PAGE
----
The number of single-family homes and condos that traded hands in San Francisco inched up 0.7 percent from 566 in May to 570 in June versus a typical seasonal gain of closer to 3 percent. And on a year-over-year basis, sales actually slipped a percent versus an 11.0 percent gain in May, according to recorded sales data from CoreLogic.

In Alameda County, recorded homes sales in June (1,902) were 11.7 percent higher versus the month before and 4.6 percent higher on a year-over-year basis while sales in Contra Costa County (1,907) jumped 18.4 percent from May to June and were 5.0 percent higher, year-over-year.

Home sales in Santa Clara County (2,071) ticked up 4.6 percent from May to June and were 2.4 percent higher versus the same time last year, while sales in Marin County (367) ticked up 3.7 percent in June but were 1.6 percent lower on a year-over basis. Sales in Napa (169) jumped 17.4 percent and but were only 2.4 percent higher on a year-over-year basis, home sales in Sonoma County (659) ticked up 7.0 percent from May to June but were 1.6 percent lower versus the same time last year and sales in Solano County (646) dropped 2.7 percent in from May to June and were 11.9 percent lower, year-over-year.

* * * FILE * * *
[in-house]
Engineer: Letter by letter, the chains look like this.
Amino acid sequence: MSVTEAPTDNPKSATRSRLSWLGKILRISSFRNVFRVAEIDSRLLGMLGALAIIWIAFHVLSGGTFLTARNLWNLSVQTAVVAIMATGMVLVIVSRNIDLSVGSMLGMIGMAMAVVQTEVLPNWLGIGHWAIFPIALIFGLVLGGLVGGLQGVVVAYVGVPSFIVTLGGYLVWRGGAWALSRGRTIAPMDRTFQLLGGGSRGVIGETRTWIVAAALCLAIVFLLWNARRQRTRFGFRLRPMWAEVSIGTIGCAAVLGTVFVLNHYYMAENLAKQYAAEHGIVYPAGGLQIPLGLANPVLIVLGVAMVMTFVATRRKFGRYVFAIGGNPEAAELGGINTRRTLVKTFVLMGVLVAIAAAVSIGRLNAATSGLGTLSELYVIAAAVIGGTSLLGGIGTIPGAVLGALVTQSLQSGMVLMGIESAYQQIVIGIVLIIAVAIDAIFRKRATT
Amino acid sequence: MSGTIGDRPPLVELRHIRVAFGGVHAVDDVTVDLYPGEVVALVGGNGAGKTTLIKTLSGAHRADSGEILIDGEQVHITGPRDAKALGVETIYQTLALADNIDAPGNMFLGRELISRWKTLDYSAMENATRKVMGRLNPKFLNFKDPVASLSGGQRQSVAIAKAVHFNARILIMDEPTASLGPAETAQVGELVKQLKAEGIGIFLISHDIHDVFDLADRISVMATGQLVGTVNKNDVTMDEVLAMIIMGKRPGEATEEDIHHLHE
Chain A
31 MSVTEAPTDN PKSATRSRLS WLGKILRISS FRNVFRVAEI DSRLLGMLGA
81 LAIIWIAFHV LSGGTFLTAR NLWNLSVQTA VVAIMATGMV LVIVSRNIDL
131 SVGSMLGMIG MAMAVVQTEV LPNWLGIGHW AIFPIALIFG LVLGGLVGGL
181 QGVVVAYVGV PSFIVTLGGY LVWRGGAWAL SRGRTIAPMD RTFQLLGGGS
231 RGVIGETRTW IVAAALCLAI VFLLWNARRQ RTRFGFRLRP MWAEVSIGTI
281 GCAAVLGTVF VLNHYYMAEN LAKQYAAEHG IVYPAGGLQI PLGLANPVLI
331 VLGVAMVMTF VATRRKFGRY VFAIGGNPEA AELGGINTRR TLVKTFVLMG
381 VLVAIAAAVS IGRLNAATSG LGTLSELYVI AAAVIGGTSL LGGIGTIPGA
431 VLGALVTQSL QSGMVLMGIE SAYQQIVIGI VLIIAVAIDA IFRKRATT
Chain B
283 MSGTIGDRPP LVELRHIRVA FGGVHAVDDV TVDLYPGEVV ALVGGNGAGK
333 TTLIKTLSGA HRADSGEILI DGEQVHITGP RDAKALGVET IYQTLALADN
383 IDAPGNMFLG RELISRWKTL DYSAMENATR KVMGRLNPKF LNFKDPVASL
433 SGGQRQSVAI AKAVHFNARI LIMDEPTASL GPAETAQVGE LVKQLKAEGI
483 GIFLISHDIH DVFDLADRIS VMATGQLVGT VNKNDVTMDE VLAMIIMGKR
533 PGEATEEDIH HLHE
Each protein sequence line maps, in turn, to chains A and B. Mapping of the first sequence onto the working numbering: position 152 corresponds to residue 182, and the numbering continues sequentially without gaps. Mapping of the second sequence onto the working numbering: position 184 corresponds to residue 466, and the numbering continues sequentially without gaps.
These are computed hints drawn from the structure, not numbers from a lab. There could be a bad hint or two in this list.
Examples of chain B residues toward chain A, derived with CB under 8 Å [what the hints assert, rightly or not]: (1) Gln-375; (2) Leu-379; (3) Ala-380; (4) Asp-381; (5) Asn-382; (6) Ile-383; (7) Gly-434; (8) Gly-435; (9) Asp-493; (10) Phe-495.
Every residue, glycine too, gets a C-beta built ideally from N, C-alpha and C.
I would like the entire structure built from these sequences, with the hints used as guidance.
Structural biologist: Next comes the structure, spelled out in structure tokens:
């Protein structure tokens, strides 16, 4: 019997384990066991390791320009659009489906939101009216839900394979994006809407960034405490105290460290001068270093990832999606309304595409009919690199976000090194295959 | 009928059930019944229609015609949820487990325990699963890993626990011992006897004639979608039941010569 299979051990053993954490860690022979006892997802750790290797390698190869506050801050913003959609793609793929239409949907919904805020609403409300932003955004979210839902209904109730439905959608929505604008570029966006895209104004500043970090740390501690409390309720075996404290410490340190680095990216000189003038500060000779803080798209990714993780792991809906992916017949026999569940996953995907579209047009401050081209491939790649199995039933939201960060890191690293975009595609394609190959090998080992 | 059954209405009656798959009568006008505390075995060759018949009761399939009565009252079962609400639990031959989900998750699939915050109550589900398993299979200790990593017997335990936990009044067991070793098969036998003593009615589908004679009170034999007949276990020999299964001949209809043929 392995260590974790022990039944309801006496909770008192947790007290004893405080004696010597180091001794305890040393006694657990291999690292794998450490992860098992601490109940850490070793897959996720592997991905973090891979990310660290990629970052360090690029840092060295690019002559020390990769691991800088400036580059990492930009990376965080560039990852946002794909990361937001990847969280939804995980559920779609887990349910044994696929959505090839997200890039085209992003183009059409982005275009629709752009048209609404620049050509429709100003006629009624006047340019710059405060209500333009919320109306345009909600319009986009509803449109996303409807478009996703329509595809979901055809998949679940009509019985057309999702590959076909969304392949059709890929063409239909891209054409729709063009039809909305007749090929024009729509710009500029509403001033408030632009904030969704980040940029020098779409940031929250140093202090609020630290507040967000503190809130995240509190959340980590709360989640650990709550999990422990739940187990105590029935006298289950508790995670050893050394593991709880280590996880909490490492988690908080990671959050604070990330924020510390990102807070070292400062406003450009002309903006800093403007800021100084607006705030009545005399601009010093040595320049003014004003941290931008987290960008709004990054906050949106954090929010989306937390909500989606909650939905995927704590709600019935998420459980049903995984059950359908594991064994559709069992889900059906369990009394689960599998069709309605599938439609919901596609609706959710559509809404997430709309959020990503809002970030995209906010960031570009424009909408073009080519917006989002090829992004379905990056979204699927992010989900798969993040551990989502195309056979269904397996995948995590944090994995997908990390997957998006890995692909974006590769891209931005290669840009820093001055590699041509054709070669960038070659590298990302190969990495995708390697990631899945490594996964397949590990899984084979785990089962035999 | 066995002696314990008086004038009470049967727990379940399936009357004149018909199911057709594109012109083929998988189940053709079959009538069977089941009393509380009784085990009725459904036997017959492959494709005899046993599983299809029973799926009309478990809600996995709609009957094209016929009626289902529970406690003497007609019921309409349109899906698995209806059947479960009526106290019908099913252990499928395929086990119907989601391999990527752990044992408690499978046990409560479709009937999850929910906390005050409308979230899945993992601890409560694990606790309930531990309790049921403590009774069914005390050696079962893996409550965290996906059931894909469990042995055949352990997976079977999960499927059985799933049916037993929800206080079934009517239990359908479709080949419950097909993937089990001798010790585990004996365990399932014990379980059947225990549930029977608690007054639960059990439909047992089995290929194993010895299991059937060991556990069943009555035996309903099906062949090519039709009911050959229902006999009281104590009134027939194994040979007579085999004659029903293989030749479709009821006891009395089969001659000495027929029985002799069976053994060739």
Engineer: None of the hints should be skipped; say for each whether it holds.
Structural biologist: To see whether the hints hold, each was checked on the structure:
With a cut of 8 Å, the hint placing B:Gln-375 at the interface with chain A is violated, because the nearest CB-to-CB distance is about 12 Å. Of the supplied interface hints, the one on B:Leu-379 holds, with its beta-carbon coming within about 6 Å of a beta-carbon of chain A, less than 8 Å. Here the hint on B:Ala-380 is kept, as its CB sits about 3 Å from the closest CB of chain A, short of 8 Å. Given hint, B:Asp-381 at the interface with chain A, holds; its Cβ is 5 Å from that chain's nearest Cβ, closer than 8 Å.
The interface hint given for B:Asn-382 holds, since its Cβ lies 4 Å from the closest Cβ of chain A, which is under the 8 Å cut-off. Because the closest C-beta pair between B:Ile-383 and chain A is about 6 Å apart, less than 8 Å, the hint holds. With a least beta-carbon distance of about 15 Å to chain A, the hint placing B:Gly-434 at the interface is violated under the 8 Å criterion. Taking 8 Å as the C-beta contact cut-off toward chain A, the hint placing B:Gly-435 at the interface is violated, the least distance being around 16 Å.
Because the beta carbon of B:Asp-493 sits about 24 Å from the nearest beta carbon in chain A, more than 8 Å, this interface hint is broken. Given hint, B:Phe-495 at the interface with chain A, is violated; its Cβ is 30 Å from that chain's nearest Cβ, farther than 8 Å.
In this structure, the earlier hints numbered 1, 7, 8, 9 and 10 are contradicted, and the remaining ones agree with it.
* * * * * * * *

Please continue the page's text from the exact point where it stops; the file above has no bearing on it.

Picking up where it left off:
In total, excluding San Mateo County due to a temporary data issue, recorded home sales across the Bay Area increased 8.6 percent from 7,637 in May to 8,291 in June and were 2.1 percent higher versus the same time last year but 6.9 percent below average driven by a slowdown in new construction sales.

The median price paid for those 566 homes in San Francisco last month ($1,250,000) was 3.7 percent higher than the month before and 5.9 percent higher versus the same time last year, but still 3.8 percent lower than the record $1.3 million median price recorded in April 2016.

The median sale price of $770,000 in Alameda County was 10.0 percent higher versus the same time last year while the median price in Contra Costa County ($580,000) was 7.2 percent higher, year-over-year.

The median sale price of $965,000 in Santa Clara County was 12.2 percent higher versus the same time last year, the median in Marin ($1,080,050) was 13.7 percent higher, the median in Napa ($597,000) was 11.6 percent higher, the median in Sonoma ($588,500) was 11.0 percent higher, and the median sale price of $400,000 in Solano was 6.7 percent higher on a year-over-year basis last month.

And across the Bay Area, excluding San Mateo once again, the median sale price in June was a record $735,000, up 7.5 percent versus the same time last year.

Keep in mind that while movements in the median sale price are a great measure of what’s selling, they’re not necessarily a great measure of appreciation or changes in value and are susceptible to changes in mix, as opposed to movements in the Case-Shiller Index.

16 thoughts on “Bay Area Home Sales and Prices Moved Rather Unevenly in June”